Sure enough, the next morning Gemma finds him scone-cold[sic] dead just outside the tearoom, but this happens so late in the book that, well, I've already been bored to death. Pun again intended.
Before that happens, however, there's more exposition, as Gemma goes home to have dinner with her parents. Her father is a semi-retired Oxford don, her mother . . . is something else.
Throughout the book, Mrs. Rose pesters Gemma frequently about computer/internet issues, in particular her iPad to which she cannot remember the password. No matter how often Gemma reminds her that the first letter of the password must be capitalized, she forgets this detail. It might have been humorous the first time, or even the second, but after that it just made the woman look stupid.
On top of being stupid, Mrs. Rose -- she has a first name, but I've forgotten it and don't feel like looking it up -- is a meddling matchmaker whose attitude toward her daughter is straight out of the 1950s. She considers the tearoom venture unsuitable and constantly wants Gemma married. She begins by trying to start a relationship between Gemma and a boy she grew up with who is now a local physician, Dr. Lincoln Green.
This is a coin in Richard Collier's pocket.
Gemma's degree is in English Language and Literature. I can't imagine that she would not know the historical meaning of "Lincoln green" and its association with the Robin Hood legends. It's bad enough that author Hanna used the name, but it's a fatal wound to my willing suspension of disbelief that character Gemma Rose doesn't comment on the name.
I should note here that I went to school with David Crockett and Elizabeth Taylor. Betty Taylor was at one time married to Dean Martin. So yes, dear reader, I know that parents do give their children names that might be, um, awkward. But I also know that the people around them frequently remark about that awkwardness. I even get teased just about my last name! "Any relation to Paris?" I am asked. I sneer and say, "No."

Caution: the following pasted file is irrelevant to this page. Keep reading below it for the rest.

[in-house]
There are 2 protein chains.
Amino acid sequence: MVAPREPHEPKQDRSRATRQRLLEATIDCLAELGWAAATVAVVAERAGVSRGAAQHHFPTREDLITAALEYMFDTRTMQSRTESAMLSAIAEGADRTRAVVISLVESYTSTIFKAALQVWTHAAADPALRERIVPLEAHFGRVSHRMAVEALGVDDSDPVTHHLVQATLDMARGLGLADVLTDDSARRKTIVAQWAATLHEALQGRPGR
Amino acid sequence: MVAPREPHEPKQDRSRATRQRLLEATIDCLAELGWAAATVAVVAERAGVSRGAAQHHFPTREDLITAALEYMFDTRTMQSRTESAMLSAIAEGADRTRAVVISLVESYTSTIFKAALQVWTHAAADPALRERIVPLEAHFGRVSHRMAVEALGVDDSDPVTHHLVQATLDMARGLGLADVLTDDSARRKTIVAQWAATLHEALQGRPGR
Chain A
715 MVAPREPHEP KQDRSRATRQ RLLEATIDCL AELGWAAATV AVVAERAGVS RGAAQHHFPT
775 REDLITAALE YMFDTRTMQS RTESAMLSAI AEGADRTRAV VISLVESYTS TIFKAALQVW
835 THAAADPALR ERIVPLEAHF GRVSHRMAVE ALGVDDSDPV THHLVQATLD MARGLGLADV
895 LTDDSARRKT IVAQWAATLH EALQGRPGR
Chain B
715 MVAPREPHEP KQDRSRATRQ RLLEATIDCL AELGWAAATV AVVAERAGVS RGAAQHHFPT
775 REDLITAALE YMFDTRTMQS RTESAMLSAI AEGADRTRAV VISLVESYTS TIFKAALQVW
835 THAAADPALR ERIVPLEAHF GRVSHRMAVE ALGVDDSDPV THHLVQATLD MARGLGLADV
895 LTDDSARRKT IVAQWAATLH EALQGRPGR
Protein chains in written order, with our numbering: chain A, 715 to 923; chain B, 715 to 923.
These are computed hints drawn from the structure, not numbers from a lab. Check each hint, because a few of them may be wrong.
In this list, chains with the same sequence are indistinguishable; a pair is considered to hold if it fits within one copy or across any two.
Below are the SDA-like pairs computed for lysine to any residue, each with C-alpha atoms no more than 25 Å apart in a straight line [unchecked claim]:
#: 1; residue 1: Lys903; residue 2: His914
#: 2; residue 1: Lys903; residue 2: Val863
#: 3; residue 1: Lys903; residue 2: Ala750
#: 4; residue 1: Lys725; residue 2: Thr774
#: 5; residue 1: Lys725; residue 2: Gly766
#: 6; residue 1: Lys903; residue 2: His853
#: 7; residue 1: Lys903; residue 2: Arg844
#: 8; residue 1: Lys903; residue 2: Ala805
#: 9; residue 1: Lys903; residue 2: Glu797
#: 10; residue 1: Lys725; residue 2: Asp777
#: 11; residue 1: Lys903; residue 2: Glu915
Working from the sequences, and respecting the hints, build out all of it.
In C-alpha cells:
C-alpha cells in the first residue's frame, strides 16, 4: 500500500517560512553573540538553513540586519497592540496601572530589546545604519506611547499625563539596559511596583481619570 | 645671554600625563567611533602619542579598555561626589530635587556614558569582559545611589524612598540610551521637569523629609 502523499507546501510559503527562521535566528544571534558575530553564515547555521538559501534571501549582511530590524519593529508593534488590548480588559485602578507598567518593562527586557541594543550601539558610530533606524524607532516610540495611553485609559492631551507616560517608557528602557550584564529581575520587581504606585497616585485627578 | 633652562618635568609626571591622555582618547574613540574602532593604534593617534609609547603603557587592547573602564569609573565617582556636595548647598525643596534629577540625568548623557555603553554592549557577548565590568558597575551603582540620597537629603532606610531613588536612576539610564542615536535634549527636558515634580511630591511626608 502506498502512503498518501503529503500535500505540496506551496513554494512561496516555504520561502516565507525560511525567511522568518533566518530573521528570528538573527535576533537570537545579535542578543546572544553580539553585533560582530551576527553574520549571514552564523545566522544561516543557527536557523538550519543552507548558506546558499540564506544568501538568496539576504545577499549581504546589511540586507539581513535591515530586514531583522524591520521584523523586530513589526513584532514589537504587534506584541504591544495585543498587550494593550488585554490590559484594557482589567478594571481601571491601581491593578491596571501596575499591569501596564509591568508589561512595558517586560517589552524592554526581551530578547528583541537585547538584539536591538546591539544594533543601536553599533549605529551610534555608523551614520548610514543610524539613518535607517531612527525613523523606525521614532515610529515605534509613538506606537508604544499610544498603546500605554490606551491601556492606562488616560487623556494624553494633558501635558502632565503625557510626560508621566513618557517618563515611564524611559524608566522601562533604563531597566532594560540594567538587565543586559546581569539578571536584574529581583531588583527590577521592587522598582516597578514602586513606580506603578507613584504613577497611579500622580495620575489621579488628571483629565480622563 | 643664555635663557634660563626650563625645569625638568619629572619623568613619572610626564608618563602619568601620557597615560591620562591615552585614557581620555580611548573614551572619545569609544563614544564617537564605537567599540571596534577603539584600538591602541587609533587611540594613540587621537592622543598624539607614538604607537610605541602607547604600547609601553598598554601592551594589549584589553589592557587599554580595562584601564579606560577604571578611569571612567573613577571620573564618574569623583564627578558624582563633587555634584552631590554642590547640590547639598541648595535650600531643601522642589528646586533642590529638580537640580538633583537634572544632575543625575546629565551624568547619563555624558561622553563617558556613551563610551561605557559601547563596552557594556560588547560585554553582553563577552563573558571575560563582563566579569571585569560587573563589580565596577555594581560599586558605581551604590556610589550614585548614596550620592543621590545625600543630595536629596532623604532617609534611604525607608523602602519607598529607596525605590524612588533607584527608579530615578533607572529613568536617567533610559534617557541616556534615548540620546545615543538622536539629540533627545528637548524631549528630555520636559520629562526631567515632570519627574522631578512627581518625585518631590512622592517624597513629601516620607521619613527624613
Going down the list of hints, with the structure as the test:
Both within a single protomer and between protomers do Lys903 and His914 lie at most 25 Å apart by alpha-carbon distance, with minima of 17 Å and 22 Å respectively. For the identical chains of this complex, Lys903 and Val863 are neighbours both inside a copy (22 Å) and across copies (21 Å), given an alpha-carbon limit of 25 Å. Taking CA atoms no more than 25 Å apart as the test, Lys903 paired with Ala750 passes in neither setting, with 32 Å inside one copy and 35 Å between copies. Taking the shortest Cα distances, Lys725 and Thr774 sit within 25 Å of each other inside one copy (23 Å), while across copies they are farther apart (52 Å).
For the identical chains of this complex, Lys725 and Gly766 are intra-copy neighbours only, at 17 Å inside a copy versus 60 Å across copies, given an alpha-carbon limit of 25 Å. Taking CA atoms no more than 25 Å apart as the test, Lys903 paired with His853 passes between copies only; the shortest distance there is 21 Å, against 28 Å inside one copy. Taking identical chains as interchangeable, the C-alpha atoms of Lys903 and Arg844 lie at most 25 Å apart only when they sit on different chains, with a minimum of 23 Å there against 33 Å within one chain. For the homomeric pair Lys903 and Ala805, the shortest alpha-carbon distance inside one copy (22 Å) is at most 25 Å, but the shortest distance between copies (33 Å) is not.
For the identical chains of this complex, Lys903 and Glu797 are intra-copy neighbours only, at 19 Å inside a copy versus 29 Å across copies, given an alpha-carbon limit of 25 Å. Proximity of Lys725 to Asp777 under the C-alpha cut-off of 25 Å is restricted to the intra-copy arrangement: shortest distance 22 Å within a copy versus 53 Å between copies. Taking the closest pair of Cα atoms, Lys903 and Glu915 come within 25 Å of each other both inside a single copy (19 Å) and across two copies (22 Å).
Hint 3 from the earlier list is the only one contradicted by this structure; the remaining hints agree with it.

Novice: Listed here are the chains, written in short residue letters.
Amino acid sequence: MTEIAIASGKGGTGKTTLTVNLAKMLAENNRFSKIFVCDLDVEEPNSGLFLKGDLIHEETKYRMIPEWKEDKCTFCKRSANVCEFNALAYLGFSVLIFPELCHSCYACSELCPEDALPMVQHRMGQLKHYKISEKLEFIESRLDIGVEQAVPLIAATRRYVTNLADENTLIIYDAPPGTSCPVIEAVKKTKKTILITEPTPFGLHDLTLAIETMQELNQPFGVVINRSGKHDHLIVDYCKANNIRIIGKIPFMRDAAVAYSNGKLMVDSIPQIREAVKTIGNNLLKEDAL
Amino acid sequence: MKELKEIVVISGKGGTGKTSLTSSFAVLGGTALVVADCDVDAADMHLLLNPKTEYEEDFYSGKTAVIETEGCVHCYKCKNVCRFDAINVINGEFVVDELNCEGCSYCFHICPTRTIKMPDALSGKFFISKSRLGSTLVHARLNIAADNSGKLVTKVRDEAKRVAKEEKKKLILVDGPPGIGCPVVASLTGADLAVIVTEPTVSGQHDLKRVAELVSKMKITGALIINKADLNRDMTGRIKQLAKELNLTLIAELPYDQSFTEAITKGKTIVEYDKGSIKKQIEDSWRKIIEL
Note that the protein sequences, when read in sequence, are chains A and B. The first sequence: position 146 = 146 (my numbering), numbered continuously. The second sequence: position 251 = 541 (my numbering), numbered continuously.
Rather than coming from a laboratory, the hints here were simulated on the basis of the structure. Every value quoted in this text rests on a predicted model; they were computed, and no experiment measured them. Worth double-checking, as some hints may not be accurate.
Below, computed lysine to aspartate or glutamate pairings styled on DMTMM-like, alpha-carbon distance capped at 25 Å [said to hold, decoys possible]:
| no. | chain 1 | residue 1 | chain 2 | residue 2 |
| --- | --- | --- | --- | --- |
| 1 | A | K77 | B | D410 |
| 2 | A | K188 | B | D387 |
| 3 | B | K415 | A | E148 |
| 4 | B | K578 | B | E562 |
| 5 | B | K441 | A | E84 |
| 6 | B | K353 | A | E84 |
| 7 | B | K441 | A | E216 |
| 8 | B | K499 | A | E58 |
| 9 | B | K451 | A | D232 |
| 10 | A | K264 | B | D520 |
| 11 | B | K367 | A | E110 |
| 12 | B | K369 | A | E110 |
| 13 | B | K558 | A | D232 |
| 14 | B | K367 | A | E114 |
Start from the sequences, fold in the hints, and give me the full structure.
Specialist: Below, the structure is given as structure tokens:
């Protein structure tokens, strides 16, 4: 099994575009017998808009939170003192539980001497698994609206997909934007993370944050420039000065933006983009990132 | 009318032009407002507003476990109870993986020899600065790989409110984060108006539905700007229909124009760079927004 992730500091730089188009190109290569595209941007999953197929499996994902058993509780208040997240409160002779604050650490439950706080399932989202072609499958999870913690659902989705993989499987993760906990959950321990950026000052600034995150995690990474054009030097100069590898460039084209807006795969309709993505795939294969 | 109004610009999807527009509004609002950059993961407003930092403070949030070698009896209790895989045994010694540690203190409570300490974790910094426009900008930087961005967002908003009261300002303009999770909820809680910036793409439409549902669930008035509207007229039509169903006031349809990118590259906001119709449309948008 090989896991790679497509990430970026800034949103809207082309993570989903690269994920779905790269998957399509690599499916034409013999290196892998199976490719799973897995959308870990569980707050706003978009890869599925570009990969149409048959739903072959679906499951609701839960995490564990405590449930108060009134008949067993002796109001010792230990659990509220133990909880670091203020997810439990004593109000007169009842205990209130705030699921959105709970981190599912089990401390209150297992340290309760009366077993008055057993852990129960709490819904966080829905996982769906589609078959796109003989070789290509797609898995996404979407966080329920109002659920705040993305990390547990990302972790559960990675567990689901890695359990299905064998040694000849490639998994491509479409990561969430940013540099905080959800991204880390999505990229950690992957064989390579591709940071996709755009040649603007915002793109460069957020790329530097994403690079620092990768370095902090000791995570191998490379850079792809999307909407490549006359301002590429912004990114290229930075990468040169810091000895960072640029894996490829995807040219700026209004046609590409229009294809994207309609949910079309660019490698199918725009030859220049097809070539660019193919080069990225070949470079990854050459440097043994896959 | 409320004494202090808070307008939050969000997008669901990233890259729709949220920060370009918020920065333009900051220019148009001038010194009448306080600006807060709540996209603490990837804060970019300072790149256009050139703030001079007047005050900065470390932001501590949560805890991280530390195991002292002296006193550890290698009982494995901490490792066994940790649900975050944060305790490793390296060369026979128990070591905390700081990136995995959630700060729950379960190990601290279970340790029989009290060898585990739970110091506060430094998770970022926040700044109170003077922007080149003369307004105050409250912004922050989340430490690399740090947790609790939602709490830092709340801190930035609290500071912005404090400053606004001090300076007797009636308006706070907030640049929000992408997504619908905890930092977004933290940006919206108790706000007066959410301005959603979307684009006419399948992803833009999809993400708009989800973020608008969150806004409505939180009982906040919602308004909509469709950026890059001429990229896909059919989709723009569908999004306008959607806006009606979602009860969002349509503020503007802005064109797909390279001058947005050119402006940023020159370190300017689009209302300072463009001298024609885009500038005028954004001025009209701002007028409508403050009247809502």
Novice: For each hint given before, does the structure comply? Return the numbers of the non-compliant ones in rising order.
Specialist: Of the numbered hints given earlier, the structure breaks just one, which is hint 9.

Character names are important; so are place names. "Meadowford-on-Smythe" is slightly problematic. Not enough to pull me completely out of the story, but it certainly didn't add anything positive to the experience.
Gemma has also gone to a local pub, similarly situated in one of those 15th century Tudor buildings. Nitpicky detail? The Tudors didn't come to the throne until the very tail end of the 15th century in 1485. The style that bears their name, however, both predates them and survives them. I would have preferred Gemma give more of the historical background of her tearoom's location than just a flat label, because this would have helped to establish her character as someone who has studied English language and literature and would most likely have at least some background in the pertinent English history, too.
These are just a few examples of how Hanna fails to develop the atmosphere of the English cozy mystery that I expected when I began to read this. Now, it's very possible that the genre has changed and even changed dramatically since I first read Martha Grimes 30 years ago, but this review is after all my personal opinion.
Could a good editor, or even a good set of beta readers -- Hanna thanks hers at the end of the book -- have improved this? I think so.
I also think a good editor could have fleshed out Hanna's stereotyped, cardboard characters, from the TSTL mother to the bitter unemployed bruiser in the pub to the obnoxious American to the suave detective . . . and to Gemma's eye-rollingly immature reaction to said suave detective.
A good editor might also have fixed the flat-out errors -- those Richard Collier pennies -- that just plain yanked me out of the story altogether.
The book opens with Gemma as narrator setting the date and day as a Saturday in late October. On page 123 (35%), Hanna sets the murder as happening on Sunday morning, after the American, Brad Washington, had made a scene at the tearoom on that Saturday afternoon and later at the local pub that evening. On page 135 (37%), however, the suave detective states:
“We know Washington arrived in the country via Heathrow last Thursday—the day before he came to your tearoom.”
Hanna, H.Y.. A Scone To Die For (Oxford Tearoom Mysteries ~ Book 1) (p. 135). Wisheart Press. Kindle Edition.
Given that details of days and dates and even times are crucial to murder mysteries, I was thrown out of the world of the story and scrambling to verify what I had read.
When the tearoom was forced by the murder investigation to close for two days, Gemma makes the remark (p. 76) that "weekends are our busiest times!" I had taken that to mean she was lamenting being closed on both Saturday and Sunday, not Sunday and Monday, since Monday isn't part of the weekend and the place had been open for business all day Saturday. I was confused.